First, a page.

Wednesday, May 18, 2005

IEEE Spectrum Sonofusion Article

As promised, Rusi Taleyarkhan, Richard Lahey, and Robert Nigmatulin have published an article in the May 2005 issue of IEEE Spectrum. Not much new here, though they do make the interesting claim that their apparatus makes "400 000 neutrons per second" -- a pretty bold claim, considering (a) the Spectrum is not a peer-reviewed journal, and (b) the countercharges of inadequate detection leveled by Seth Putterman. Nonetheless, the trio sounds the right note for a budding group hoping to get angel financing, saying "our experiments to date have shown that with many relatively small steps" the relatively modest (they claim a "negligible fraction of a watt of power") energy produced by their reactor could be scaled to larger devices. They also claim that following an increase of pressure in the vessel holding the deuterated acetone "from 700 kPa to 1500 kPa, we detected an increase in the neutron output by a factor of about 100 000", with "1022 neutrons per second" as the ultimate goal needed for commercial power generation. Also, they look beyond acetone, and have investigated "exotic silicon- and carbon-based liquids that can work at much higher temperatures" than acetone, which they use at 0C.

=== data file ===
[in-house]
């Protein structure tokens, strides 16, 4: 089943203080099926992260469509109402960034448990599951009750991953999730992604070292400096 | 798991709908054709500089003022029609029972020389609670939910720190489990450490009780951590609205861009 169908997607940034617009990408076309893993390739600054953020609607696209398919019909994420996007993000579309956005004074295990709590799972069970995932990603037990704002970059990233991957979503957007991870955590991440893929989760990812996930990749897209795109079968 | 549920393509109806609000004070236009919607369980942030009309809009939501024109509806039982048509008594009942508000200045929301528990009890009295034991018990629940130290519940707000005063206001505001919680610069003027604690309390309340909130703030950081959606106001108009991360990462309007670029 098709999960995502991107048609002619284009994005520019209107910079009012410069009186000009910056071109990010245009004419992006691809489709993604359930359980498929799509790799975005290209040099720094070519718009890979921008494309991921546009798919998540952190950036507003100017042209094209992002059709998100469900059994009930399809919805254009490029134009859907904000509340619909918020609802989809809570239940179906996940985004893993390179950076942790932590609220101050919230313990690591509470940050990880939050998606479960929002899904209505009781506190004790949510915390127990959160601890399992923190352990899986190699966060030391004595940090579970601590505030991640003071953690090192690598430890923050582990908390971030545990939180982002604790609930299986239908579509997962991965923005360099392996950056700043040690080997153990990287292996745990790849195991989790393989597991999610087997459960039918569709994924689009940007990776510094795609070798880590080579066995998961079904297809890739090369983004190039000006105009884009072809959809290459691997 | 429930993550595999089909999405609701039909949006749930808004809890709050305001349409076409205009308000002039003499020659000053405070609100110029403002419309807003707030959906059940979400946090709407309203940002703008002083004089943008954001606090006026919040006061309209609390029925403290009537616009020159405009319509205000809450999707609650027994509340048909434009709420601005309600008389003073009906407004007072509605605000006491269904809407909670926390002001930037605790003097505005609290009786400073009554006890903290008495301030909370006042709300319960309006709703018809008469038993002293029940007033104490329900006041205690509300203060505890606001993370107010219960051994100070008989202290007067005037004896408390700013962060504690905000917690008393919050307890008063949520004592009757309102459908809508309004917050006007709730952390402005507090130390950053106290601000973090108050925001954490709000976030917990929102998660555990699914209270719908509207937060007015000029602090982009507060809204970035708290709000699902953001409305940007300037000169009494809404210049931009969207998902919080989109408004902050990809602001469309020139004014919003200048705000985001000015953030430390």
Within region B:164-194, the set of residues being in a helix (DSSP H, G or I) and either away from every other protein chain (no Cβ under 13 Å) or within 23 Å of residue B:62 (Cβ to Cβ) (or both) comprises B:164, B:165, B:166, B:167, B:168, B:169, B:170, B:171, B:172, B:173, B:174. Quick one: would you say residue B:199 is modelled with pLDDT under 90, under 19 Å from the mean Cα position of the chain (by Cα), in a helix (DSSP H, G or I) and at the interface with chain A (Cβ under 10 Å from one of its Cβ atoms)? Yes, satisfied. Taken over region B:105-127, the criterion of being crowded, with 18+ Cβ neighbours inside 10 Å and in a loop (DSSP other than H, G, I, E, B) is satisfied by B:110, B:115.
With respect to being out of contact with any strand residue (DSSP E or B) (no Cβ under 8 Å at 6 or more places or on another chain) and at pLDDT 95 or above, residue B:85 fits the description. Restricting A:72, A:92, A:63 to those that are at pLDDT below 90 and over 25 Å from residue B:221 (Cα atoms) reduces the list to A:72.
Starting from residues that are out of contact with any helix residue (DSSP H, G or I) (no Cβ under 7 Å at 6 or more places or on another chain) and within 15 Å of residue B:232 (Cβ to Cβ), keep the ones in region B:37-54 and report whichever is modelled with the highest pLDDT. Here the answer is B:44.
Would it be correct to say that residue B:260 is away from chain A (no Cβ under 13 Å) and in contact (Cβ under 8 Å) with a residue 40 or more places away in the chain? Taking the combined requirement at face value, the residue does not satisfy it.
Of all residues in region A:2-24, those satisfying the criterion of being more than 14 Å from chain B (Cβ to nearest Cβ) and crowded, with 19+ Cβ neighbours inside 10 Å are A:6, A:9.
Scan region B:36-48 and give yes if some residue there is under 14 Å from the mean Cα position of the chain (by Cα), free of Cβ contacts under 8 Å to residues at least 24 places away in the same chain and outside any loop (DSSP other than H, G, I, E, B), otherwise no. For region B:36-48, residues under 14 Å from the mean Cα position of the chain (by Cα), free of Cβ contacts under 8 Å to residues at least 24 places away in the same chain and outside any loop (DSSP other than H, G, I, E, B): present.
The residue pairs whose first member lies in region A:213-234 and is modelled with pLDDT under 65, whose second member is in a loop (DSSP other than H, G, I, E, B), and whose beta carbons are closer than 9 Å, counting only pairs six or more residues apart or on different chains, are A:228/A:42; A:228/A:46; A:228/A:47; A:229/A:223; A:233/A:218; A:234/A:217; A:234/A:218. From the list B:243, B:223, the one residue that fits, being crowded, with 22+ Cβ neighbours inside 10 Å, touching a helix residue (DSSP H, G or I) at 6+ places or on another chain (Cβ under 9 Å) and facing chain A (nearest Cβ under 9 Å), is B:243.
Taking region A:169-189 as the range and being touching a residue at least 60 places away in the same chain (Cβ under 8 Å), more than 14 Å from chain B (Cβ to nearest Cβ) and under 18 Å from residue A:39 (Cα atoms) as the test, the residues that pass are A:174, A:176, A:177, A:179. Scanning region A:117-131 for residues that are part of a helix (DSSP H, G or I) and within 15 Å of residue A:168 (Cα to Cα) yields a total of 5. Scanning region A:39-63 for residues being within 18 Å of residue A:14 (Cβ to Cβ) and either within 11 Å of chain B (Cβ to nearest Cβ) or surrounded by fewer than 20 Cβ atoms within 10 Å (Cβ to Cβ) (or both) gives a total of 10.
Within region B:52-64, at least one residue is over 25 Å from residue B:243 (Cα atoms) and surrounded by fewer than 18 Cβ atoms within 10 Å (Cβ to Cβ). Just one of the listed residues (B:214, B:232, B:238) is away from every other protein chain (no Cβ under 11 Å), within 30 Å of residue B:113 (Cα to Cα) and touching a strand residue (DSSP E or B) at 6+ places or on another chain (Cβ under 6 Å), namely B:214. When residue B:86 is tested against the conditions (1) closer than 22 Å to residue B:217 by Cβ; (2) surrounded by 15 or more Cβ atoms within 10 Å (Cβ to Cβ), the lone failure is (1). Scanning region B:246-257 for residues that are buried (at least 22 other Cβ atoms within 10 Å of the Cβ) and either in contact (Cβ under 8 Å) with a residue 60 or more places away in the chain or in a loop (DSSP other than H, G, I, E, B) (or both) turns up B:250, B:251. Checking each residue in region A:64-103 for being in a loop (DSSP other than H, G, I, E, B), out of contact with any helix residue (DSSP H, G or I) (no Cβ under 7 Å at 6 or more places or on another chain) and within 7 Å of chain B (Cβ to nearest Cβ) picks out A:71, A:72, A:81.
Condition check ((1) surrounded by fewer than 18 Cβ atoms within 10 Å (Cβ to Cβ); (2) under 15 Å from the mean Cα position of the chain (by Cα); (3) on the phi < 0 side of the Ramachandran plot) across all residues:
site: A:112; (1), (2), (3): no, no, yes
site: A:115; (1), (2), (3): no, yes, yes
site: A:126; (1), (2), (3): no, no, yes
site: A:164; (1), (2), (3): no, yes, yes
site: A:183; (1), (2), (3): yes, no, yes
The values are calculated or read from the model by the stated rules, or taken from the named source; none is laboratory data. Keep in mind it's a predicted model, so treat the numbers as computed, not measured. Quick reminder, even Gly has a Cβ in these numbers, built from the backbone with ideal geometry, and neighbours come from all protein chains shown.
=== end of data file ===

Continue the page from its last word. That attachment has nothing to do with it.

The group provides as footnotes this PowerPoint presentation, which suggests energies of 200x106 K during sonocavitation are possible, and claims having recorded 108 K.

At this point, I redouble my caveats -- "extraordinary claims require extraordinary proof" -- and pass on.

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